It’s hard to believe that over half a century ago, we were first introduced the enormous and clunky box called a television set. Your grandparents can tell you that when they first started watching TV, pictures were black and white and sound was very controlled—none of this 7.1 surround sound miracle. Television was also very conventional in its content, with family oriented programming and news dominating the early years.
But as our world changed, so did the shows and so did the technology. Video Cassette Recorders were the next revolution and as recently as the late 1970s, no one was recording anything. Television was simply aired live, or prerecorded, with only the networks holding the footage. This explains why some shows and even more movies were lost forever over time.
Newer technology in the 1990s and 2000 eras have dramatically changed how we view TV, how we react to TV, and how networks, studios and affiliates broadcast movies to us. Perhaps the most significant change is how many moviegoers don’t even go to the movies anymore, and if they do, it takes something of tremendous accomplishment—like another Star Wars movie or Marvel Comics crossover.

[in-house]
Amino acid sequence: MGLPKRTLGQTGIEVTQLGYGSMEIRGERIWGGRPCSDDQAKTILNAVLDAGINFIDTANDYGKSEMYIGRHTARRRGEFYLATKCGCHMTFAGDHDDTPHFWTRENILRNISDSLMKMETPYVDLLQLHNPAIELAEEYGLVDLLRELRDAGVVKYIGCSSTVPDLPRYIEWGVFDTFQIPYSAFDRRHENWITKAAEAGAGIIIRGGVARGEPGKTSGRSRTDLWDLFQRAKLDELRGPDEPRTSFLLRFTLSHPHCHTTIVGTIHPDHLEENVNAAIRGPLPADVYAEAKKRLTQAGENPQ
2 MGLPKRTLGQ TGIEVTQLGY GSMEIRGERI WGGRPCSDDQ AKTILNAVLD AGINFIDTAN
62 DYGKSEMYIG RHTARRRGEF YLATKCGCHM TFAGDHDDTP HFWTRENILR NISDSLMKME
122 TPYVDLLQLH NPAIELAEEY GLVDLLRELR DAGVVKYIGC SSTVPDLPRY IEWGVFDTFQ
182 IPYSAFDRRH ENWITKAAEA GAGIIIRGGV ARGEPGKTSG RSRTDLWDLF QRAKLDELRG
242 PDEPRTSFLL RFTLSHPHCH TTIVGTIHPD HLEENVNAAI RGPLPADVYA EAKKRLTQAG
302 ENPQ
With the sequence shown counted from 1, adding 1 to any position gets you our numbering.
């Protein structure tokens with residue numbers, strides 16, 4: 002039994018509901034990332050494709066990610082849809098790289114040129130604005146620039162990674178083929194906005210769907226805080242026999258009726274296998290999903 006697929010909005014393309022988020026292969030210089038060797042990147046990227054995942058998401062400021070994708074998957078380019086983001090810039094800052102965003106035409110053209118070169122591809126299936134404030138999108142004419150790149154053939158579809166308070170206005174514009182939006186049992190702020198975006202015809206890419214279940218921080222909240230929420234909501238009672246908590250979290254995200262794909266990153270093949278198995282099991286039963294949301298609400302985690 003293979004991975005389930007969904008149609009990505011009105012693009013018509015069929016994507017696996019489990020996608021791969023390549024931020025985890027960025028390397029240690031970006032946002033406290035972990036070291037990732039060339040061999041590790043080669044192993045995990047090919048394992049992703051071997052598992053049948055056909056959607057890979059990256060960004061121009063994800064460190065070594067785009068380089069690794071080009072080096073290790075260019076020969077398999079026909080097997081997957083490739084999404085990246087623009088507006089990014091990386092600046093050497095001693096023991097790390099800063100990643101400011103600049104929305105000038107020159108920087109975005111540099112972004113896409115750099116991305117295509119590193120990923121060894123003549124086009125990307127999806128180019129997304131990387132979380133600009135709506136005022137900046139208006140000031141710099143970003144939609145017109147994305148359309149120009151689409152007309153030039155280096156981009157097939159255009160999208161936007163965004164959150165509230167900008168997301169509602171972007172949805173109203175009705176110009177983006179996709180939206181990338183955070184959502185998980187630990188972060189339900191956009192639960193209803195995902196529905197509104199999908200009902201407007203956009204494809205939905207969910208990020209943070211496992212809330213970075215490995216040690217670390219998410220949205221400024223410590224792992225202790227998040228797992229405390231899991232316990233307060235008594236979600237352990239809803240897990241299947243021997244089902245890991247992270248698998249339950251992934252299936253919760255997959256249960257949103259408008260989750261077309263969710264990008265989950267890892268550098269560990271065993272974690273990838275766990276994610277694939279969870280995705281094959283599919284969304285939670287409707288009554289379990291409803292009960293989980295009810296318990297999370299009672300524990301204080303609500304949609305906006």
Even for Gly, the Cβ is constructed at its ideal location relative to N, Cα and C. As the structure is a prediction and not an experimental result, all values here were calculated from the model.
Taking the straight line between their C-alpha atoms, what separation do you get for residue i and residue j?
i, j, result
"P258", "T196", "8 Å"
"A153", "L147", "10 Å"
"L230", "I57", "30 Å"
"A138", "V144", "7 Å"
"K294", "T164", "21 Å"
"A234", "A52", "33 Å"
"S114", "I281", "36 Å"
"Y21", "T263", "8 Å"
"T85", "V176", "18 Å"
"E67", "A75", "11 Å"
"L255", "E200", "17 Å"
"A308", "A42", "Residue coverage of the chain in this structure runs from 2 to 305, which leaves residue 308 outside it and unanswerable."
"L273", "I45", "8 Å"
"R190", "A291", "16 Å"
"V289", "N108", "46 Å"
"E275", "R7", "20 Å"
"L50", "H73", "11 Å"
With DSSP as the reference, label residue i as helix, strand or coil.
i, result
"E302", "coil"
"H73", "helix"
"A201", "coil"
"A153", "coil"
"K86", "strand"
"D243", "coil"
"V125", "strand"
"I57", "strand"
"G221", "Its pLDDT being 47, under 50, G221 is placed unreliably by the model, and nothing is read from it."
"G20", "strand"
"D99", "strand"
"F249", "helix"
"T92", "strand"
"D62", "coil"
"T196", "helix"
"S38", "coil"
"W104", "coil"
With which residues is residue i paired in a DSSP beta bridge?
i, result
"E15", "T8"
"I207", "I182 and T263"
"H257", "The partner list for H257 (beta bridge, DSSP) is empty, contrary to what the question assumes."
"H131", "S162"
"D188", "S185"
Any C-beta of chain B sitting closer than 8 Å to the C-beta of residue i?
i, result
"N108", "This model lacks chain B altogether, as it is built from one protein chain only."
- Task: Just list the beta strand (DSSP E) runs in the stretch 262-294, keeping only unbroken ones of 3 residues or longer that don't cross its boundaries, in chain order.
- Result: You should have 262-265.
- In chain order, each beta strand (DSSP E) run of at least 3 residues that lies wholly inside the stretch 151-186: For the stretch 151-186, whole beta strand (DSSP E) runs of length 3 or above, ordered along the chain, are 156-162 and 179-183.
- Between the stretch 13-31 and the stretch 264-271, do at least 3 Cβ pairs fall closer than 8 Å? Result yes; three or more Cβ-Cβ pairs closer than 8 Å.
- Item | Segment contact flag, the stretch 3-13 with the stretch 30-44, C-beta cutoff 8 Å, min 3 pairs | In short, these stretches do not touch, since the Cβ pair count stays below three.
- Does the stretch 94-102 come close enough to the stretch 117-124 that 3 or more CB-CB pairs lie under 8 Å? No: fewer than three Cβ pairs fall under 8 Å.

The home theater has now given households more advantage over the movies, thanks to its pause, rewind and stop features, using digital video recording technology.
Blu-Rays and high-def television now let us see big, colorful and crisp images moving in real time. The surround sound feature lets us hear sounds, dialog and effects realistically, turning the room into an even greater entertainment feature than a movie theater. (Believe it or not some movie theaters still don’t even have 7.1 surround sound; Toy Story 3 was the first film released to have 7.1 audio, so Hollywood has just now caught up with the technology)
Home theater companies, such as Elite Home Theater Seating, make home theater chairs and couches, complete with reclining mechanisms, snack holders, arm rests and leg rests. Home viewers can literally have a better experience in the privacy of their own home than at the movies, which don’t pause the film, don’t have the snacks you like best, and don’t have the complete silence you crave.
Perhaps an even greater trend is how online companies like Netflix, Amazon and Hulu are streaming movies and series directly to home viewers. Not only do they have original programming, but they can now broadcast movies that were formerly at the theater in a number of months. The viewer now has all control. He or she can simply say, “I’ll wait for it to come on TV.” Not merely come on video but come to TV. The viewer literally doesn’t have to do anything but click buttons on their Internet-ready television.
Indeed, the Internet and digital technology have changed the entire way studios have approached filmmaking and distribution. Social media is also a major trend that can be threatening or supportive of new films—word of mouth spreads quickly and worldwide at a pace never available before.
Now if only they could figure out a way to stop piracy…